A major overhaul of the band was coming up for the next album, Tony Craney replaced Paul Gray on bass, Douglas left the band and they were on the ill fated EMI America for the lackluster Fish And Chips, produced by Al Kooper.  The title track may be the worst thing they ever recorded, the cover versions of You Better Run and Time Won't Let Me was phoned in and although I command them for a cover of Crack The Sky's We Want Mine, it was a ill suited fit for Eddie And The Hot Rods.  Al Kooper produced and added some keyboards and effects but outside of Wide Eyed Kids, Fish And Chips is a strikeout.

With that Eddie And The Hot Rods faded into the sunset but some outtakes which came before Fish And Chips and still featured G. Douglas and P Gray, The Curse Of The Hot Rods is a better record than both Thriller and Fish And Chips although they are demos. Graeme Douglas provides comic relief as he describes the songs.  Douglas also shares his thoughts on the Island best of End Of The Beginning, which pretty much cherry picks the best of the Island albums, and leaves Fish And Chips in the dust.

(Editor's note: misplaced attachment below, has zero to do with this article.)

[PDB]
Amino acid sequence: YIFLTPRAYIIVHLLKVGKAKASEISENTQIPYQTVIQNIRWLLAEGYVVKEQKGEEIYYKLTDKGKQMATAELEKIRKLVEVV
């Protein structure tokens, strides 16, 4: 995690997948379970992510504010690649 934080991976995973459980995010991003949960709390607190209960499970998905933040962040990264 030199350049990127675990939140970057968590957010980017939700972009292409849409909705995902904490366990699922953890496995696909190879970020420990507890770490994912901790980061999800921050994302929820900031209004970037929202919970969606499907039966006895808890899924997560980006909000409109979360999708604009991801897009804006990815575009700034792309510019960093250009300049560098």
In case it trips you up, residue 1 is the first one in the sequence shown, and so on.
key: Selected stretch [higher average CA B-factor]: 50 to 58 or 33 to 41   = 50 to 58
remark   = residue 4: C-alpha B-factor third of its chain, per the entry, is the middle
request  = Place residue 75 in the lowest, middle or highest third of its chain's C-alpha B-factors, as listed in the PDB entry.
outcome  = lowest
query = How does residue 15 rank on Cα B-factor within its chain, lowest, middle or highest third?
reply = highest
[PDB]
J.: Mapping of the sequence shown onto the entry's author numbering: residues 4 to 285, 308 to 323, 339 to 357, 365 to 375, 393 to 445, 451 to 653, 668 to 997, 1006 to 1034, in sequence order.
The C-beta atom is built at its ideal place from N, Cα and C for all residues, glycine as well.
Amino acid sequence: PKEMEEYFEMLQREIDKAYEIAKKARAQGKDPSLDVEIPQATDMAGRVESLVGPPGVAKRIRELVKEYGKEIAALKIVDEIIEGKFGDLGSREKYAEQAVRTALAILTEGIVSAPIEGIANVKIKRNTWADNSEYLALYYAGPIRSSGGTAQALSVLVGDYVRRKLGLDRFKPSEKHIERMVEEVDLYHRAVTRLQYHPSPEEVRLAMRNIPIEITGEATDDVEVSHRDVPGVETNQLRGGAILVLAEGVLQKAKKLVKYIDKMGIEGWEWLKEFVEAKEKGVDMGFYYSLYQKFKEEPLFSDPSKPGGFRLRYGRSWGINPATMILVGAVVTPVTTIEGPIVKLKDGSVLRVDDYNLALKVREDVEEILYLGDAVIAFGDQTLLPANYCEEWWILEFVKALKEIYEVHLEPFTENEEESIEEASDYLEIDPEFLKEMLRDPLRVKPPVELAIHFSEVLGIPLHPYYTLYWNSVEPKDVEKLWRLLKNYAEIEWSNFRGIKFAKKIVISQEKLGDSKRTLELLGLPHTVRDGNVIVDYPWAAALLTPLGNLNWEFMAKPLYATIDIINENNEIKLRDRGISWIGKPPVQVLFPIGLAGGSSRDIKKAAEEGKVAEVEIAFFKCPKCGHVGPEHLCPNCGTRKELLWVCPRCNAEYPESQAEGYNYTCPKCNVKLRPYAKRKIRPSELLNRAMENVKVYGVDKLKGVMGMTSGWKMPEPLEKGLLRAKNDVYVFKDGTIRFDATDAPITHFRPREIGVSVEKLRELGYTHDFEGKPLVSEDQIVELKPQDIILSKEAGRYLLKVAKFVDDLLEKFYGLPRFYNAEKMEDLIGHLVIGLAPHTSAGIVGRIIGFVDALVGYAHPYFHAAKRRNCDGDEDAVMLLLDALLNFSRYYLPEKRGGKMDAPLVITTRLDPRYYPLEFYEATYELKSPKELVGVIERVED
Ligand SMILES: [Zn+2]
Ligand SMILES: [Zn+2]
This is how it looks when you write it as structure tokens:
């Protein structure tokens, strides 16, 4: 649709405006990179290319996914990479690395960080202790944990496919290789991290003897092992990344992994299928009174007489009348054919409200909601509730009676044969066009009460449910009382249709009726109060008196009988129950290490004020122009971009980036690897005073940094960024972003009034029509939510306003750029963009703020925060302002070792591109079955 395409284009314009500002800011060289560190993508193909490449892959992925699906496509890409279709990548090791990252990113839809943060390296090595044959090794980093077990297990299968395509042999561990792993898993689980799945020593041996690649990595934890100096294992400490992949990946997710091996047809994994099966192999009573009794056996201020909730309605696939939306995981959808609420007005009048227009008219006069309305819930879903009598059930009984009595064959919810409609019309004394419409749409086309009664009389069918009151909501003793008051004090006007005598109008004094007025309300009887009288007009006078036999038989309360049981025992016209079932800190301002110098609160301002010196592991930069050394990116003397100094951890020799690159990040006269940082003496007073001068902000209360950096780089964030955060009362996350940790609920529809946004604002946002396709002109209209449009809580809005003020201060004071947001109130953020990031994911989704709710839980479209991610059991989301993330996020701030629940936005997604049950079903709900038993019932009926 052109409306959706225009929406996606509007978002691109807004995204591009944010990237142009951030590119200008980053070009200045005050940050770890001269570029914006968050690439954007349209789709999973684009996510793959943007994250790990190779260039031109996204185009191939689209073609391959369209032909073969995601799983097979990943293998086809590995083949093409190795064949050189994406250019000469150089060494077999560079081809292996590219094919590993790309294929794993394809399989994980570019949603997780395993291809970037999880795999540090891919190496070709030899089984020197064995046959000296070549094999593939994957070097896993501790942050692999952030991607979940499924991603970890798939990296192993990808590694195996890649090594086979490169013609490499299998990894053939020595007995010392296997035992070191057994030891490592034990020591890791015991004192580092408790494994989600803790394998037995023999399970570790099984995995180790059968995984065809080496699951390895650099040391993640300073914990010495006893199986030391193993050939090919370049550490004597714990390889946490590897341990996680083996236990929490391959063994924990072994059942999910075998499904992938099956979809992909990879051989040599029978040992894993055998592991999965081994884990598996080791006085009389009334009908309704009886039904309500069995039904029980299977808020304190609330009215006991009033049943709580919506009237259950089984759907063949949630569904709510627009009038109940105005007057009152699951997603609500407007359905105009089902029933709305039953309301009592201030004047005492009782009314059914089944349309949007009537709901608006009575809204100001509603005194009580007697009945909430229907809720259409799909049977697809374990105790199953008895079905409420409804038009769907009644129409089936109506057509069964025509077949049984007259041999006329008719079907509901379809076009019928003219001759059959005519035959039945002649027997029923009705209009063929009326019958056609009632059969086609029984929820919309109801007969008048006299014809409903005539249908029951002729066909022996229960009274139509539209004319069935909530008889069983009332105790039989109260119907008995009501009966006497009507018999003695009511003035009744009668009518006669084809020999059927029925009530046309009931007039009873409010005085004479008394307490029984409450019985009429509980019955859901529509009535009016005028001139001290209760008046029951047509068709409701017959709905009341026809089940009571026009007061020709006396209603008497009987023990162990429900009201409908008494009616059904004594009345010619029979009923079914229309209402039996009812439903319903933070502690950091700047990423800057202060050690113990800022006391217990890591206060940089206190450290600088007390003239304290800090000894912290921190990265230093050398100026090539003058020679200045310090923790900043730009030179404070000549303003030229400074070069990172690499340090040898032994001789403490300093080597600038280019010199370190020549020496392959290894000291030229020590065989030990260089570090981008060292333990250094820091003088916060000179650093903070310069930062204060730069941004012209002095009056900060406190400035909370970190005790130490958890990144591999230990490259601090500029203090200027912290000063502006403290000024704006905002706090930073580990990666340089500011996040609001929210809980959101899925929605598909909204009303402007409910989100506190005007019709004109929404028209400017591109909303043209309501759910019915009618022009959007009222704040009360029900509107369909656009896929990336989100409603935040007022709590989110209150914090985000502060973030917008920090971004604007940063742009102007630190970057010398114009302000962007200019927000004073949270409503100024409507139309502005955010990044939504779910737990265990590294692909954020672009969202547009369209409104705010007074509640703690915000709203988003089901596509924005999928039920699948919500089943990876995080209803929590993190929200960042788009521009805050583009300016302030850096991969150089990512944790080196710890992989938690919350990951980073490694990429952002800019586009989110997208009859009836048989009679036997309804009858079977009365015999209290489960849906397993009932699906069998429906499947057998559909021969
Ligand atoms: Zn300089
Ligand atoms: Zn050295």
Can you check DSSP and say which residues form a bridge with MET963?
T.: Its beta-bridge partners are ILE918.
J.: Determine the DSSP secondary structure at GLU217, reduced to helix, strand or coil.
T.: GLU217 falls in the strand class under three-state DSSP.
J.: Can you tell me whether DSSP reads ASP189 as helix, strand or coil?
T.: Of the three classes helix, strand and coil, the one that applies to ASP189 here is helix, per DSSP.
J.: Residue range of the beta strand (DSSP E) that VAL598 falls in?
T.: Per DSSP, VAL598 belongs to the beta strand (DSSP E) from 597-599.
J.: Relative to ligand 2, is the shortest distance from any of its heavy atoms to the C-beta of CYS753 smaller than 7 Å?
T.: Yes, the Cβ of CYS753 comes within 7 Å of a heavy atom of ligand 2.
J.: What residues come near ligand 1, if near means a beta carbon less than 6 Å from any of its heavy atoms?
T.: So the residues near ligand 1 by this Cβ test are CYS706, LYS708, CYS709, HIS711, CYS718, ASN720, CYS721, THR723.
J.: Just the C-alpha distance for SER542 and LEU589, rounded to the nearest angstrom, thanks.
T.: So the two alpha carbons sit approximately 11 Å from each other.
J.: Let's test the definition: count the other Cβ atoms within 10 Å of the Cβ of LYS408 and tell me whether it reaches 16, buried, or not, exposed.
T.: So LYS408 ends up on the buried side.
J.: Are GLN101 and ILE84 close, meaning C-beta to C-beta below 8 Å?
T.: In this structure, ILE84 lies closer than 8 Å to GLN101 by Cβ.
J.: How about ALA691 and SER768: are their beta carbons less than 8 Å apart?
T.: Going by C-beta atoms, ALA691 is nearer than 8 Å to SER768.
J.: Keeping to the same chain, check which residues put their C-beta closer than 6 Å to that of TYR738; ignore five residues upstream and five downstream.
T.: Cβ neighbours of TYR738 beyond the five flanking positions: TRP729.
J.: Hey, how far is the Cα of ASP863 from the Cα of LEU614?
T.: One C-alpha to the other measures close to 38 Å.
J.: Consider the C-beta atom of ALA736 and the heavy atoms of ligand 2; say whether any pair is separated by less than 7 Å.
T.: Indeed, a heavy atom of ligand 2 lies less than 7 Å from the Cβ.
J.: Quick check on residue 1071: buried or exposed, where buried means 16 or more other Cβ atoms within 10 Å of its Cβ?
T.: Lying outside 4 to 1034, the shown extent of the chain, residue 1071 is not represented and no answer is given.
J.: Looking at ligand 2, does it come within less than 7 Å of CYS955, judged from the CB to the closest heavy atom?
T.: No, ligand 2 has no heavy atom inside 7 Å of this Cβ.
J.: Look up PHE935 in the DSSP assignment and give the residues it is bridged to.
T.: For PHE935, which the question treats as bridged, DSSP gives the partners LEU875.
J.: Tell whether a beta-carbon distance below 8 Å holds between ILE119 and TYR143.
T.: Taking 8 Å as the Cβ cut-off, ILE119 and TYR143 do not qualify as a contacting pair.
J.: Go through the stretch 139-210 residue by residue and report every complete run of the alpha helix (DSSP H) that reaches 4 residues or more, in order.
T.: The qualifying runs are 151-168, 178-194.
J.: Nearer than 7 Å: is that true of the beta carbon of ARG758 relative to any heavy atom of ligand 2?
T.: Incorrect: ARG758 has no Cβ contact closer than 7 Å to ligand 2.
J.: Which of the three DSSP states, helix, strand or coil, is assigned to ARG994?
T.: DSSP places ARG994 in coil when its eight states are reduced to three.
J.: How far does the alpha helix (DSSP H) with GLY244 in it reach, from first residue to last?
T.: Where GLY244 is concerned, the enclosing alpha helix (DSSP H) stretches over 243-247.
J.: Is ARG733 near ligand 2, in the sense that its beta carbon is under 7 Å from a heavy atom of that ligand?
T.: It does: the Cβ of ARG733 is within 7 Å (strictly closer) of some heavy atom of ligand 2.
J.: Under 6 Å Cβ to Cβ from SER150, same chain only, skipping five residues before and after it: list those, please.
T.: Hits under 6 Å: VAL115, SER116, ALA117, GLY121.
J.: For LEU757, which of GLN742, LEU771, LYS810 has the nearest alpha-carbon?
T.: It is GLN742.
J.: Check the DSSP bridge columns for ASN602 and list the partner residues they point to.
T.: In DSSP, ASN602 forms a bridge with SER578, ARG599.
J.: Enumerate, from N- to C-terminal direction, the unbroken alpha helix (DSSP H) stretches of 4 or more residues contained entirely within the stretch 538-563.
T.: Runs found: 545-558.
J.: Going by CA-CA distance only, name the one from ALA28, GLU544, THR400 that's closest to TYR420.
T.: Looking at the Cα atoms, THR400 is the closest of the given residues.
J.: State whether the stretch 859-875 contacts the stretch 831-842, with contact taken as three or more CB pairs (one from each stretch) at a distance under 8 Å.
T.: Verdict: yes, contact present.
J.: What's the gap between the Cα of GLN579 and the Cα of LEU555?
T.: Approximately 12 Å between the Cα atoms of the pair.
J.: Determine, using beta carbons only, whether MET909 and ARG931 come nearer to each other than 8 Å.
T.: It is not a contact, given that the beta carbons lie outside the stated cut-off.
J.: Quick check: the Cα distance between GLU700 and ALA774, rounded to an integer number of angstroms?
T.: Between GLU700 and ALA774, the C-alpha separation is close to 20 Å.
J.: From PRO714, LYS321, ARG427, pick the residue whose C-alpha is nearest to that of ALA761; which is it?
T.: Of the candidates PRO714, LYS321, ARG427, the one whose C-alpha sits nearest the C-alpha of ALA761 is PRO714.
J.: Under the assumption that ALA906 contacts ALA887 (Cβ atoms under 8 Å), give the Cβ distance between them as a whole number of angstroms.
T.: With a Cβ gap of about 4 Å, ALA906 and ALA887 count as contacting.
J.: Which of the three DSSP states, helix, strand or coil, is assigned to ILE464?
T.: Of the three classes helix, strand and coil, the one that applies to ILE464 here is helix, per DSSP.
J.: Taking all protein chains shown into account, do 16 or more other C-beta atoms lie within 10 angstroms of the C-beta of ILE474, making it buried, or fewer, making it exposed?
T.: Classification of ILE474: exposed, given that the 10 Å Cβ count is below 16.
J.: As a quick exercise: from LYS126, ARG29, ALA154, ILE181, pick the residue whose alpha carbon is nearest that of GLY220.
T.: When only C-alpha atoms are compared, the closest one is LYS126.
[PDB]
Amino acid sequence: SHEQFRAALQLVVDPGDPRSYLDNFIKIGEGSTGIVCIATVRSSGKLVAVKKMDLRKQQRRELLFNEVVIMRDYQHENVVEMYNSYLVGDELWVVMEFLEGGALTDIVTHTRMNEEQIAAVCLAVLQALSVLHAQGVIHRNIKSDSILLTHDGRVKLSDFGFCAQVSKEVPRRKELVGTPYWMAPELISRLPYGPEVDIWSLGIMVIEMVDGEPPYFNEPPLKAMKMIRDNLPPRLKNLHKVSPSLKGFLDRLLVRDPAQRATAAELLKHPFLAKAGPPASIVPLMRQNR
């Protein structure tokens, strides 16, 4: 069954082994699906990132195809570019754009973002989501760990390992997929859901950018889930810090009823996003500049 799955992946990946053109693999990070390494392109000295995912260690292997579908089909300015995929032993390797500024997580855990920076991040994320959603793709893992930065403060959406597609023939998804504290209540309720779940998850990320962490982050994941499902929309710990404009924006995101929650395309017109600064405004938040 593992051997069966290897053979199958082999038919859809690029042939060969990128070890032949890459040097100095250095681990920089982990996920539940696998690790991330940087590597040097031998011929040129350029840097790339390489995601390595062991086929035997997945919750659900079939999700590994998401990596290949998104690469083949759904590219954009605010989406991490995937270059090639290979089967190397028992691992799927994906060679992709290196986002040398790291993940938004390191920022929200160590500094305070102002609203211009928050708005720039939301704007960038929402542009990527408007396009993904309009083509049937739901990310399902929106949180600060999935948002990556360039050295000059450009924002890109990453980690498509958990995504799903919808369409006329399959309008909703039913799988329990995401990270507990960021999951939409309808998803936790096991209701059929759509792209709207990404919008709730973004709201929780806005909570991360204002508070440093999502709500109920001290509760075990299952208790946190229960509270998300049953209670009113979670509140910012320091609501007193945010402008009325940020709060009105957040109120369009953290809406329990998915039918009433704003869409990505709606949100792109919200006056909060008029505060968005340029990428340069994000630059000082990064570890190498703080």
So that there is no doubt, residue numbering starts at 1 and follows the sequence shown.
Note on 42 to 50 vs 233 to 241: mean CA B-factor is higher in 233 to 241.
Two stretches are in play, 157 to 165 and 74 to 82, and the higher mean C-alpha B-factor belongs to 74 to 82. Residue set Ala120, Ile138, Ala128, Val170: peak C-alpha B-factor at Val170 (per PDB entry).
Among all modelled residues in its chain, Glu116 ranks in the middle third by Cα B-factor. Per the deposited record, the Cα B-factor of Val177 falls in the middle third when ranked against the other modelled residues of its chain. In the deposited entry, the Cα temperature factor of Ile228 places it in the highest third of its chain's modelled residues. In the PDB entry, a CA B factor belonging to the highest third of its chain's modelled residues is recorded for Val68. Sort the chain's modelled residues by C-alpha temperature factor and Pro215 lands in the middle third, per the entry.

In the 1990s,  Windsong issued BBC Radio One Live In Concert which captures two 1977, 1978 shows. Worth a listen if you can find it.  Dojo in the same year put out Ties That Bind, a oddball collection of six tracks from Curse Of The Hot Rods, three songs from a 1985 lineup of Berrie Masters, Steve Nicol plus Warren Kennedy on guitar but is better known for five demos featuring long departed Lew Lewis on harmonica (yep he was the weakest link) and includes a raw version of Get Across To You as well as Gloria and Wooly Bully and Get Out Of Denver but it's for audiophiles who want everything only.   Captain Oi! reissued the Island albums and loaded the CDs with plenty of bonus tracks.  You can still live without Thriller but Teenage Depression and Life On The Line should be in your collection. 

Barrie Masters continues the Hot Rods and they continue to play in and around England.


Teenage Depression (Island 1977) B+
Life On The Line (Island 1978) A-
Thriller (Island 1979) B
Fish And Chips (EMI 1980) C
Curse Of The Hot Rods (Link 1985) B
End Of The Beginning (Island 1993) A-
BBC Radio One Live (Windsong 1994) B+
Ties That Bind (Dojo 1995) C+